Our present knowledge concerning the action of the so-called "cardiac stimulants" is incomplete. Many clinical and experimental studies have been made of their effects on blood pressure and pulse rate. The essential function of the heart, however, is to pump blood, and before evaluating any drug as to its circulatory action, information of its effects on the cardiac output is essential. Cardiometric and other observations on decerebrate or anesthetized animals with the chest opened cannot suffice for this purpose. Harrison and Leonard1 have shown that digitalis, which has repeatedly been demonstrated to increase the output of the isolated heart, has precisely the opposite effect on the intact animal.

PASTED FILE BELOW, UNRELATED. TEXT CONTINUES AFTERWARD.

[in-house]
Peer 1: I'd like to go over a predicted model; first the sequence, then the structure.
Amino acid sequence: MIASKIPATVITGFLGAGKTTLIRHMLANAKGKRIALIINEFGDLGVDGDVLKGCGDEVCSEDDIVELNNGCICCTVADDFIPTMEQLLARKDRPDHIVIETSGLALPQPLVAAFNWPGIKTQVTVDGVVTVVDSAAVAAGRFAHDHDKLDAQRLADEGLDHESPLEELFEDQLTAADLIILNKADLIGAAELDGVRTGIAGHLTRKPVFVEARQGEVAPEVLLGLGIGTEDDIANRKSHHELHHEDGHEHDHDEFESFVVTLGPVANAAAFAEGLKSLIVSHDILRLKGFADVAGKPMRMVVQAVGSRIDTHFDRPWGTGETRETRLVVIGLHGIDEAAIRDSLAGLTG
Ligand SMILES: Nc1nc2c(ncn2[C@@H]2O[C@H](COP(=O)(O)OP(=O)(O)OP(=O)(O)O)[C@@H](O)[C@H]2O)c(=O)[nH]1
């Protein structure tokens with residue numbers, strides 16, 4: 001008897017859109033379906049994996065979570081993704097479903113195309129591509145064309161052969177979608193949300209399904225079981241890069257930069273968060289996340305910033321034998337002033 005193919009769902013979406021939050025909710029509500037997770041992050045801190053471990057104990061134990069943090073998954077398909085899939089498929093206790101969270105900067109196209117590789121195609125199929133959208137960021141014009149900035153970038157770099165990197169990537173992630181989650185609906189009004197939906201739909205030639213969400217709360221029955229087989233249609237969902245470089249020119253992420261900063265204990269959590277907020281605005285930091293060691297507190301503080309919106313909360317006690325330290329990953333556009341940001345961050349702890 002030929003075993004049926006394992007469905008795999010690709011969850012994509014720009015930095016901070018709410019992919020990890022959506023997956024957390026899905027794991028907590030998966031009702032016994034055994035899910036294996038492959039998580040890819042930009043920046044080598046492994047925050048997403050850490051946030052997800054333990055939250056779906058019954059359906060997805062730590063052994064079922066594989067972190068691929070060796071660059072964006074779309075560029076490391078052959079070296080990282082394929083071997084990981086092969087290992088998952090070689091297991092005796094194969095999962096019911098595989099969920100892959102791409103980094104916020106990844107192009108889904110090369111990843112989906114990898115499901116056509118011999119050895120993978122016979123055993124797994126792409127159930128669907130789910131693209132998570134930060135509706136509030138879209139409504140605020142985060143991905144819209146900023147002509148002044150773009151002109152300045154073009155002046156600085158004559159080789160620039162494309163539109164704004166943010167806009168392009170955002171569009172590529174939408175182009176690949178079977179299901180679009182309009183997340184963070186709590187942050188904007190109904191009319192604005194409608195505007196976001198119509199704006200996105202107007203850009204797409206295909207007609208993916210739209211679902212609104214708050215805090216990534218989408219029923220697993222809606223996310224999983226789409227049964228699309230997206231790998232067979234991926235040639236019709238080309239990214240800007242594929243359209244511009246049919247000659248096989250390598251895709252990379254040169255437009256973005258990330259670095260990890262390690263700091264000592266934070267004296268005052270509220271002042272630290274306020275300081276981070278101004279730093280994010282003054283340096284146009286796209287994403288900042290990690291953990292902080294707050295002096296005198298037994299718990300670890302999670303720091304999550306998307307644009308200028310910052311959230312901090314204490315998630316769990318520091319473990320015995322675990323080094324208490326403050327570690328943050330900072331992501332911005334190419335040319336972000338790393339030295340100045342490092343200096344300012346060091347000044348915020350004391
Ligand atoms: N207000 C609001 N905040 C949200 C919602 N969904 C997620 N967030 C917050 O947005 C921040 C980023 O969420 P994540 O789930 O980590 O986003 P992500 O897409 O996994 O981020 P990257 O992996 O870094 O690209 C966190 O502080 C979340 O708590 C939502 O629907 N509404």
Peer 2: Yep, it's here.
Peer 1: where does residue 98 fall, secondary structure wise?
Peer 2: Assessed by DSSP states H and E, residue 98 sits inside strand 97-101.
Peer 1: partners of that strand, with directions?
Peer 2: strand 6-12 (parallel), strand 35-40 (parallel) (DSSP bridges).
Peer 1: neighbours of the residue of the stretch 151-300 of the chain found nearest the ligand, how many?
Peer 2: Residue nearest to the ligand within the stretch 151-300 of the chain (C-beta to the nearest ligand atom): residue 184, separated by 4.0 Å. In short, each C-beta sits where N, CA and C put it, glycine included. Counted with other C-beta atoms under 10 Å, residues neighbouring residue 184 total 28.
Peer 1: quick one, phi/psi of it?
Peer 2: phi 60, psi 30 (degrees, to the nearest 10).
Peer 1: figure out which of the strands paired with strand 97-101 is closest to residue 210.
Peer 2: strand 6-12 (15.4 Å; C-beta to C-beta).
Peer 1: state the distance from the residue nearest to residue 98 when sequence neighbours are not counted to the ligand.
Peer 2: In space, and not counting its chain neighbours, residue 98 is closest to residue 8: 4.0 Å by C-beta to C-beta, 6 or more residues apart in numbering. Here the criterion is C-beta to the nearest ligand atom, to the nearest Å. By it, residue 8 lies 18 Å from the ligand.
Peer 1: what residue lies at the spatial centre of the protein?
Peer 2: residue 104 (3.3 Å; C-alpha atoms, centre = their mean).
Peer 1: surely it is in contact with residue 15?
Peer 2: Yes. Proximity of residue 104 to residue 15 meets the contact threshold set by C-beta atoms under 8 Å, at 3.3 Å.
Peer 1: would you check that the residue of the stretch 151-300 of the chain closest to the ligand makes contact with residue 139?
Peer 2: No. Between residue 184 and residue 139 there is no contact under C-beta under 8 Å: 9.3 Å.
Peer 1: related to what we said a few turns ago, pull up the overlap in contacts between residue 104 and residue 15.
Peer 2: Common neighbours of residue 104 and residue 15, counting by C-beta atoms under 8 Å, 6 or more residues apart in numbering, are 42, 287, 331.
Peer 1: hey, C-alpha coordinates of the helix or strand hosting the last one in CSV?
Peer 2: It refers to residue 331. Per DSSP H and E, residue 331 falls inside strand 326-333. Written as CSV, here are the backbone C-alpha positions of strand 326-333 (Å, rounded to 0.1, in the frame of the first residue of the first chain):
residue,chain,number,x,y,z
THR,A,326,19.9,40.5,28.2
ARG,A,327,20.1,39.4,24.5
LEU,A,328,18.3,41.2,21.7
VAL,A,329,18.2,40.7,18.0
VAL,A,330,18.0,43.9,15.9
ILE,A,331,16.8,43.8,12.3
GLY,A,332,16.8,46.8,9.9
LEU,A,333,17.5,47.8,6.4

The rather surprising results obtained with digitalis have seemed to warrant an investigation with the newer methods of other drugs commonly used in the treatment of patients with circulatory disorders. The results of studies on caffeine are being reported in another paper.2
WILSON CP, HARRISON TR, PILCHER C. ACTION OF DRUGS ON CARDIAC OUTPUT: IV. EFFECTS OF CAMPHOR AND STRYCHNINE ON THE CARDIAC OUTPUT OF INTACT UNNARCOTIZED DOGS. Arch Intern Med (Chic). 1927;40(5):605–617. doi:10.1001/archinte.1927.00130110033003
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